Google Book Scans Go Slow at Research Libraries
No speedy way to digitize the rarest of volumes, search giant finding
By Jonas Oransky,  Newser Staff
Posted Apr 25, 2008 6:30 PM CDT
Courtney Mitchel helps a giant desktop machine digest a rare, centuries-old Bible in Ann Arbor, Mich.   (AP Photo/Carlos Osorio)
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(Newser) – In its ongoing effort to digitize the world's 50-100 million books for online book searching, Google is funding scanning efforts for rare volumes at leading libraries. The AP observed one such digitizing—the oldest Bible with Arabic type, scanned manually at 600 pages per day—which, to protect the work, can't use Google's standard, and much speedier, process.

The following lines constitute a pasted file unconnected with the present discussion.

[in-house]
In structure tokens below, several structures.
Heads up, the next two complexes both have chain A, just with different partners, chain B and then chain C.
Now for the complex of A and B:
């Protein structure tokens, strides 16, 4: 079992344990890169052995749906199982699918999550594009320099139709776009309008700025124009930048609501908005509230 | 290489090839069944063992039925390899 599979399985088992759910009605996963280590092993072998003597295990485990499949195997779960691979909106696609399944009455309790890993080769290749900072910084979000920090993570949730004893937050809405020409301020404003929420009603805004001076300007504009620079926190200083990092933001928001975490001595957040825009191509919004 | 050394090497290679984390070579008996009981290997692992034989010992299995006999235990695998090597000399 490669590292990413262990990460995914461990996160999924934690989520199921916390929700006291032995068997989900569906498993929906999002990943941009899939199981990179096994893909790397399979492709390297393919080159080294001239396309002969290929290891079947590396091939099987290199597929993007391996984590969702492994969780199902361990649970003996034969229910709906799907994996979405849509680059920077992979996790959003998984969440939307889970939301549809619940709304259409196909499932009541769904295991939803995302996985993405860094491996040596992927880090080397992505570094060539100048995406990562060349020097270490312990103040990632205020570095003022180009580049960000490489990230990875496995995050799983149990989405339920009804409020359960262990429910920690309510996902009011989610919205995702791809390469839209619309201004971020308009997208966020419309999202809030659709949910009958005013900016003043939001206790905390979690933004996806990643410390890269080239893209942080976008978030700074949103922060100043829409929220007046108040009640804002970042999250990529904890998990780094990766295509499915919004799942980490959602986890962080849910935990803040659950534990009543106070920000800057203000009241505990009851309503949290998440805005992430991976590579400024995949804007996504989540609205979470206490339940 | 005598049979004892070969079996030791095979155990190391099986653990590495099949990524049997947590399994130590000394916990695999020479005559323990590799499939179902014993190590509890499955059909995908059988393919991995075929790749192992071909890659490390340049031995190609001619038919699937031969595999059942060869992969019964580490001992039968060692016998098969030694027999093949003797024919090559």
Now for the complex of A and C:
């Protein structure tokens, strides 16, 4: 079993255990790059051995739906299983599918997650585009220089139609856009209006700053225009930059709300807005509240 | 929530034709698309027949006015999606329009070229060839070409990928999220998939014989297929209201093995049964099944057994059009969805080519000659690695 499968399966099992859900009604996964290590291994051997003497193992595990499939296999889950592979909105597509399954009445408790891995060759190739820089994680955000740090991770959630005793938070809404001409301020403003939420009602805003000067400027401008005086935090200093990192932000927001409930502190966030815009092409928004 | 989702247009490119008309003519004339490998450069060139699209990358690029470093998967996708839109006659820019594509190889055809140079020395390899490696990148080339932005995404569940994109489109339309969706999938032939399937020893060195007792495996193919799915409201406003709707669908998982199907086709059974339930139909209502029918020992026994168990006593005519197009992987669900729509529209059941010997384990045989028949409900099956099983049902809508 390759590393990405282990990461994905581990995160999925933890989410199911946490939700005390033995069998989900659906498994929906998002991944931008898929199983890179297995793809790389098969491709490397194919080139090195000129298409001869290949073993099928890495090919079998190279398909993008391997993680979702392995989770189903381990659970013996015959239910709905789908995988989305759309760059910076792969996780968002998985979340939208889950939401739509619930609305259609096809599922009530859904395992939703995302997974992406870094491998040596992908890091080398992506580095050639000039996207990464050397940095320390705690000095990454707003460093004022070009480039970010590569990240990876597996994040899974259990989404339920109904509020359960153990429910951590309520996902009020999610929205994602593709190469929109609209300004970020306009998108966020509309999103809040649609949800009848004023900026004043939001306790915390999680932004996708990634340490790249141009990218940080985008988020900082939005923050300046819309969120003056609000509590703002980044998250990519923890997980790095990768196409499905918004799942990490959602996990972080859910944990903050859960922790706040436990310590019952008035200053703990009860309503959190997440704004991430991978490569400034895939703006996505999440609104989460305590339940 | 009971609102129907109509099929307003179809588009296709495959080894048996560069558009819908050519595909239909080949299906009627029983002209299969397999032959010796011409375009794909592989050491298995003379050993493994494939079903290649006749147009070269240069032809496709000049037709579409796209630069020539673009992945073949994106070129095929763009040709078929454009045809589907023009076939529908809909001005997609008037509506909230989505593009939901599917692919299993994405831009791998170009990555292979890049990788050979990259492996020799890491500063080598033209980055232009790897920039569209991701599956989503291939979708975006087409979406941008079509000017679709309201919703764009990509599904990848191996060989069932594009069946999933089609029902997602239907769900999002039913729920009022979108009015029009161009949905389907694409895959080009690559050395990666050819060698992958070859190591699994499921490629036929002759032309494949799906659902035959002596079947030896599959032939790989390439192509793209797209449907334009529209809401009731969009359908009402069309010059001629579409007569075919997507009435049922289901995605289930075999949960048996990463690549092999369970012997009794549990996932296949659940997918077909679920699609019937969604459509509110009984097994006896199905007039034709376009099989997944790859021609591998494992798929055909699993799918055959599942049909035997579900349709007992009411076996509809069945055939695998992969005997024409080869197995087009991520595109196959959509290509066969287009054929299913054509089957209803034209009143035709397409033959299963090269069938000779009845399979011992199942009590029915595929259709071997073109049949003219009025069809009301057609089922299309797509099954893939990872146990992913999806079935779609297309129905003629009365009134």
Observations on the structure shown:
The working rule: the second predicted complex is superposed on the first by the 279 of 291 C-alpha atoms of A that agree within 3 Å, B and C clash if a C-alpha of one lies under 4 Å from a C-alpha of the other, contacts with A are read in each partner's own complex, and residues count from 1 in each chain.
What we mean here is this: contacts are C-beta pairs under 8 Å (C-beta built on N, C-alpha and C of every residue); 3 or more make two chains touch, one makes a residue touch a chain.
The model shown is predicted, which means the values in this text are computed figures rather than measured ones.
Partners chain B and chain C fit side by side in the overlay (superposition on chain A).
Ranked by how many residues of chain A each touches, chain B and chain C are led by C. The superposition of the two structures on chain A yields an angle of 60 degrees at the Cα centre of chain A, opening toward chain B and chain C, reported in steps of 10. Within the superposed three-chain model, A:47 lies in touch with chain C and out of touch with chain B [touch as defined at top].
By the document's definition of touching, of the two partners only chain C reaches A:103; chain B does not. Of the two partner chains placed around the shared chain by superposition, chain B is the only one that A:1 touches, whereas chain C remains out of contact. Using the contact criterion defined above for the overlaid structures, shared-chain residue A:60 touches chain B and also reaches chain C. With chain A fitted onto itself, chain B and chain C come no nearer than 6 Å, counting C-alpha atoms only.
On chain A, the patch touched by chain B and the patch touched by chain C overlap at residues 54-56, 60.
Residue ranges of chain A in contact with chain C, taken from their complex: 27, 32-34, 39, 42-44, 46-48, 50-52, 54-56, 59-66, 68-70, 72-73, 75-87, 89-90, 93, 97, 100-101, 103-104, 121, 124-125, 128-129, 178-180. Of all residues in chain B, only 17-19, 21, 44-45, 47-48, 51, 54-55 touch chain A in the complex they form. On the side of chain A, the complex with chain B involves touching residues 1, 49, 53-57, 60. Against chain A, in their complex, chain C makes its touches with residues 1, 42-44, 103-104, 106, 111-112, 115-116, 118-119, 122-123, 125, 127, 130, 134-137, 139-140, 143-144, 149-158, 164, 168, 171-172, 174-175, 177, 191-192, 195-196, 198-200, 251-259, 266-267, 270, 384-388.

So far 1 million of an estimated 6 million rare tomes at the University of Michigan have been scanned. A prominent Internet archivist worries Google might try to "lock up the public domain" with its scans of titles that no longer have copyright protection, but a Michigan librarian dismisses such concerns as "theoretical." Meanwhile, the laborious process continues. "I turn pages. It's kind of meditative," says one person involved.